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Ohio’s state sales tax rate is 5.75 percent. Additionally, counties and other municipalities can add discretionary sales and use tax rates. Ohio also has several additional taxes for certain services and sales of goods, such as renting vehicles and selling tobacco and alcohol.

Types of taxes

Ohio businesses must charge sales taxes and pay use taxes. Businesses in the state also must collect and pay certain other taxes, such as a vehicle rental tax and tobacco taxes. Counties and other local jurisdictions can also charge an additional percentage for sales and use taxes.

Sales and use tax for retail sales and services

Businesses collect the state sales tax rate of 5.75 percent, plus the additional sales and use tax rate if any, that their counties charge. For example, a business located in Adams County pays the state tax rate of 5.75 percent, plus the county’s tax rate of 1.50 percent.

Any business owner who purchases taxable tangible personal property without paying the tax and uses or stores the property instead of reselling it must pay the use tax on the purchase. The use tax rate is the same as the sales tax rate.

Lodging (Hotel room occupancy tax)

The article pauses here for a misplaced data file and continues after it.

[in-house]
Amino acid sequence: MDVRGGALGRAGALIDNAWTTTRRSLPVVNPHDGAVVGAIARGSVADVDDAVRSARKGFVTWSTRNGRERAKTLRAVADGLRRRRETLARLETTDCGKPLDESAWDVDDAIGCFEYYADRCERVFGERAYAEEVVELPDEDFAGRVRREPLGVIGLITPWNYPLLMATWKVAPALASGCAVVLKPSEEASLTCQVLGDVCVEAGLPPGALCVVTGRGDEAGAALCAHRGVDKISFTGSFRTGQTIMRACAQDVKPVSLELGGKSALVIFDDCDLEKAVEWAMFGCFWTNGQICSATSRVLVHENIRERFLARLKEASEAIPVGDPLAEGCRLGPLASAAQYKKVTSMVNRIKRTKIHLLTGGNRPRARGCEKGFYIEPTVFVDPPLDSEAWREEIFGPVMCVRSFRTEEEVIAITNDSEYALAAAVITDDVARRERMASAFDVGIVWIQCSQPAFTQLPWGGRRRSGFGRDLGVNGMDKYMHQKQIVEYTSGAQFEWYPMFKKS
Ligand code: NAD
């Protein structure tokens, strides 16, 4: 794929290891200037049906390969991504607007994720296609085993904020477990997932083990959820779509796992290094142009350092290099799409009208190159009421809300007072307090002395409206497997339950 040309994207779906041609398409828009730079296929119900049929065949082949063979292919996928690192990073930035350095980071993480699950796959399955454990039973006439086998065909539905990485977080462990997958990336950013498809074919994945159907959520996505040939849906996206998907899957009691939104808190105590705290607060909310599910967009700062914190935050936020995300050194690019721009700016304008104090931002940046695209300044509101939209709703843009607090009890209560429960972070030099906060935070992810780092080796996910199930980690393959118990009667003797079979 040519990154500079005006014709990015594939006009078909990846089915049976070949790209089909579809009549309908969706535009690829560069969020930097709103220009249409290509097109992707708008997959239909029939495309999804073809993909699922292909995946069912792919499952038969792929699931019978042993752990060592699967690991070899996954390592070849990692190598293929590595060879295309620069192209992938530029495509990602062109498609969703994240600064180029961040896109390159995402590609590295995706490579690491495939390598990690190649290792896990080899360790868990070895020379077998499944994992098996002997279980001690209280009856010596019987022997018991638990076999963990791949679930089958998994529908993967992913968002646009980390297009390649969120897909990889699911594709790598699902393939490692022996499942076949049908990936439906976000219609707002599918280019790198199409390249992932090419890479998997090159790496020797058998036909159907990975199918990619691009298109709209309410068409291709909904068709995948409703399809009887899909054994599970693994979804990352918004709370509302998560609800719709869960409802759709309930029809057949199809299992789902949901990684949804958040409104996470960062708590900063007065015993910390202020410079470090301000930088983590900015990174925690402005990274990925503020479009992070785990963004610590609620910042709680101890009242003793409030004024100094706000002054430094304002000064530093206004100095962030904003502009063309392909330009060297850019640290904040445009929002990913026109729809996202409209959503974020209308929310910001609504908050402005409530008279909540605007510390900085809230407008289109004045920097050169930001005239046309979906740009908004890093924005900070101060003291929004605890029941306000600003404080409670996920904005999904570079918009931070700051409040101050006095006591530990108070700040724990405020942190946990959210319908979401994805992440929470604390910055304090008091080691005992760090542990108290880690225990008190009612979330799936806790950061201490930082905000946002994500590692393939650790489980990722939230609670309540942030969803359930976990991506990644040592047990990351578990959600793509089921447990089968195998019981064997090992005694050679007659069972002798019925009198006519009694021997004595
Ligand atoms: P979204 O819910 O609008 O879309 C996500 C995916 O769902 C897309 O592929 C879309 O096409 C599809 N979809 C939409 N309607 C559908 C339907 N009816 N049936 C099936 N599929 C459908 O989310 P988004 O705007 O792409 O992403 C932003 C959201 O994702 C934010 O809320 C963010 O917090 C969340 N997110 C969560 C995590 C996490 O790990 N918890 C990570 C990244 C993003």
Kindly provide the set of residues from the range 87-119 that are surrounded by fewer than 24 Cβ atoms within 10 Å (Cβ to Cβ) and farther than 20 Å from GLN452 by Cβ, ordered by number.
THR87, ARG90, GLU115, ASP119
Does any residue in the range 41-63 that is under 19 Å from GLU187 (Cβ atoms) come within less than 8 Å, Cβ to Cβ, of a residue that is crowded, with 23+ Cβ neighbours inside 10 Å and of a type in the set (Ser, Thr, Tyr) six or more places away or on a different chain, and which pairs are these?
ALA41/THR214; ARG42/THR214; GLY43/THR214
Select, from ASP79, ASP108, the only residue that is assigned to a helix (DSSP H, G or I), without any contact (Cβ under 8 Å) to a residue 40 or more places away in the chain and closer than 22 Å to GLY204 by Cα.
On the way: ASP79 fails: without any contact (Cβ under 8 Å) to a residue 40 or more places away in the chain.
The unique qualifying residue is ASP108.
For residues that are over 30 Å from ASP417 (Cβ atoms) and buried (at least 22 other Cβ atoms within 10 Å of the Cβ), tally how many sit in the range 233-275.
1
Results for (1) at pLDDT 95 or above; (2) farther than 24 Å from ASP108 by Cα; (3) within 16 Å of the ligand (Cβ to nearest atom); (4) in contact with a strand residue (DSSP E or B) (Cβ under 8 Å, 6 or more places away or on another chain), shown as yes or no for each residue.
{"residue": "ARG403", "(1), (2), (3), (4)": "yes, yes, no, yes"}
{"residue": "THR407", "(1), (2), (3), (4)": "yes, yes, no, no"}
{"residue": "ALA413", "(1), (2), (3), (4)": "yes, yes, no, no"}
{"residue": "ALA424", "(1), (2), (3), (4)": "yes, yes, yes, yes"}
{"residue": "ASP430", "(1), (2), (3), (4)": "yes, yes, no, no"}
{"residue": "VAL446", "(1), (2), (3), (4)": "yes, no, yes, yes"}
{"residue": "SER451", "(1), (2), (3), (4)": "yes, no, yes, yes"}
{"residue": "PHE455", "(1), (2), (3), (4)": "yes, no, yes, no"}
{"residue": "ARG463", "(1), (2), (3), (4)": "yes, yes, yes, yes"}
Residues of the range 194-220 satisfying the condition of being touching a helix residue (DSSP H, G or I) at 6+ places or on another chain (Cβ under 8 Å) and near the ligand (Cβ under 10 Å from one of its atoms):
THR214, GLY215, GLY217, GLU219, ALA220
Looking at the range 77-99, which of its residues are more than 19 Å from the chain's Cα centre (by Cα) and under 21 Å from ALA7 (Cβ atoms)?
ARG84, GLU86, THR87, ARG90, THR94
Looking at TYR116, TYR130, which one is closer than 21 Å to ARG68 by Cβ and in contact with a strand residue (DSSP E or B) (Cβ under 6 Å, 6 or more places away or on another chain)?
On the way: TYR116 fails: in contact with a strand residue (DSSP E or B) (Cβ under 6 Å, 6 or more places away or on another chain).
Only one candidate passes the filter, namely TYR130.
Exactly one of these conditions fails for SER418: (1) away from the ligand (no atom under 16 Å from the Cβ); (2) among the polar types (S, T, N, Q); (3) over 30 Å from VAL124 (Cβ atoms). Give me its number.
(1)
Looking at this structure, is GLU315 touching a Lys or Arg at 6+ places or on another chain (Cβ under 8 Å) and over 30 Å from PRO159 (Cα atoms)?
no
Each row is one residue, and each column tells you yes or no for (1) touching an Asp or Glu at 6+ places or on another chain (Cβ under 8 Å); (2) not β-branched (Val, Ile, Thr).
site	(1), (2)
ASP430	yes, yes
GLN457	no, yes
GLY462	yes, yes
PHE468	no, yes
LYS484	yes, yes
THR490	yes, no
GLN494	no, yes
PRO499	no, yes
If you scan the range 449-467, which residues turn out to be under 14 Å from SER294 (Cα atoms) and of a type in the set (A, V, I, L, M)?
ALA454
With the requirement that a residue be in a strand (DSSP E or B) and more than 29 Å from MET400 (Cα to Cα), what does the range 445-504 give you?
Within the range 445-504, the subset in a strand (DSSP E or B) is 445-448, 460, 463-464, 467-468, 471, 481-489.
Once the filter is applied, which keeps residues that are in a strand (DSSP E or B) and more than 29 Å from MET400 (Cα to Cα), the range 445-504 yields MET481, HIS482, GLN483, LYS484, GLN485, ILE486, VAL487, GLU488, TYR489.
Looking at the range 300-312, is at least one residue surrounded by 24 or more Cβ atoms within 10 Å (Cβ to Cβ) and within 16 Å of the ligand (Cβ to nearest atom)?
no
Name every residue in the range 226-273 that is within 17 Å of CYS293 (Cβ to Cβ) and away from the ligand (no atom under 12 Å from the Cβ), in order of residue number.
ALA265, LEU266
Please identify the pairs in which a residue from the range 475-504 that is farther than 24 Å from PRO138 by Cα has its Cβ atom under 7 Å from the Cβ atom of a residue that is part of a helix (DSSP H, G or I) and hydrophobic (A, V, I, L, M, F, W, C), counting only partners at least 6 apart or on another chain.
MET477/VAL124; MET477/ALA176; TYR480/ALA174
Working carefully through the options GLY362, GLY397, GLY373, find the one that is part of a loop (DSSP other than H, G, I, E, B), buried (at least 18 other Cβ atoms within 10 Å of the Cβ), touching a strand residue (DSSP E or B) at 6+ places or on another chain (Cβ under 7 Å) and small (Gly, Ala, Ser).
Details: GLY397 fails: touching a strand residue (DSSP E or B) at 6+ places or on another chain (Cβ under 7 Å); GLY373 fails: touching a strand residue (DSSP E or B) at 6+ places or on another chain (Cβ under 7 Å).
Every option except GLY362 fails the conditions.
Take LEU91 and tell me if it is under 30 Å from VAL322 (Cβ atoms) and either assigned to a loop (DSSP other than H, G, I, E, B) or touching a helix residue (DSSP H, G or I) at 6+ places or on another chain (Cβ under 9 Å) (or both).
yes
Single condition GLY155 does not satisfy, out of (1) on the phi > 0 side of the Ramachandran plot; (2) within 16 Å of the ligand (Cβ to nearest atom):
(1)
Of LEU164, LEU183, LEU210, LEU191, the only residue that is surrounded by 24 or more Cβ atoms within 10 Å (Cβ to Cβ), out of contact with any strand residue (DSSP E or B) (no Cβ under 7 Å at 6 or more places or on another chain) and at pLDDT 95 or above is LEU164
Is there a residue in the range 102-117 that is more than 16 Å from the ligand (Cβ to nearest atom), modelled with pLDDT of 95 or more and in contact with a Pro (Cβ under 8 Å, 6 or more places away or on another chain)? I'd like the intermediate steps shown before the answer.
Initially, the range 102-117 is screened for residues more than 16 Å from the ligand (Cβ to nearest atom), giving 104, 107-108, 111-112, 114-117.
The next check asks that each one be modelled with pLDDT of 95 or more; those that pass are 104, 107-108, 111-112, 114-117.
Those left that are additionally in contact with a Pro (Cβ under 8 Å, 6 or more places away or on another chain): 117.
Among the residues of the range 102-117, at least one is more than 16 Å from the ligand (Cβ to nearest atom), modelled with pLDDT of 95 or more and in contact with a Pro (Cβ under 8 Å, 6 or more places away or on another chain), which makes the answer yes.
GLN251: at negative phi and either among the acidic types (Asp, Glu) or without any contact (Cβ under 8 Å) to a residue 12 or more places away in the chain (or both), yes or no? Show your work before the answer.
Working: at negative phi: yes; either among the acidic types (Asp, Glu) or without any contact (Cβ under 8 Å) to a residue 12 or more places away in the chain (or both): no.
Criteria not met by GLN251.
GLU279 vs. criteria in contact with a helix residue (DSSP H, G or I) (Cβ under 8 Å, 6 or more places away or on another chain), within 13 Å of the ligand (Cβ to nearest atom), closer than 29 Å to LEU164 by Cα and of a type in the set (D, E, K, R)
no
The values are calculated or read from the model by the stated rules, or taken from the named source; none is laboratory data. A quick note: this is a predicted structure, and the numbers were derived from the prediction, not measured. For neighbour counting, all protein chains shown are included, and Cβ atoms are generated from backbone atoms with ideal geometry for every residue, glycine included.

Counties and municipalities can impose a lodging tax on hotels and other sleeping establishments. The combined tax for a county and a municipality cannot be over 6 percent – 3 percent at the municipality level and 3 percent at the county level.

Additionally, H.B. 518, which passed in 2002, allows a municipality to levy a 1 percent tax for convention center funding if the county in which the municipality is located also enacts the special lodging tax. Thus, some municipalities could have a lodging tax of over 6 percent.

Vehicle rentals

Ohio does not levy a separate motor vehicle rental tax. However, lessors must collect the state sales tax rate of 5.75 percent plus the county’s discretionary tax rate.

Marijuana excise tax

Adult-use marijuana is illegal in Ohio. However, medical marijuana is legal. Ohio does not levy additional taxes on medical marijuana. Buyers must pay the state and local sales tax rates on purchases.

Food and beverage tax

Food and food ingredients are not subject to the state’s sales tax. However, prepared food and certain categories of food, such as soda, are taxable at the state’s and local jurisdictions’ tax rates.

Liquor tax

Ohio does not levy additional taxes on retailers selling beer, wine, or liquor. The seller must collect the regular sales tax rate for its county in addition to the state rate.

Tobacco tax

In most cases, only wholesale dealers pay a cigarette tax via stamps that the dealer places on each pack. The current rate is $1.25 per pack. However, if a consumer purchases cigarettes or other tobacco products and the store owner does not pay the taxes, the consumer must pay the tax.

Discretionary taxes (Local tax rates)

Counties and other municipalities can also charge sales and use taxes on top of the state rate. The combined rates for business locations in the following counties and municipalities are as follows: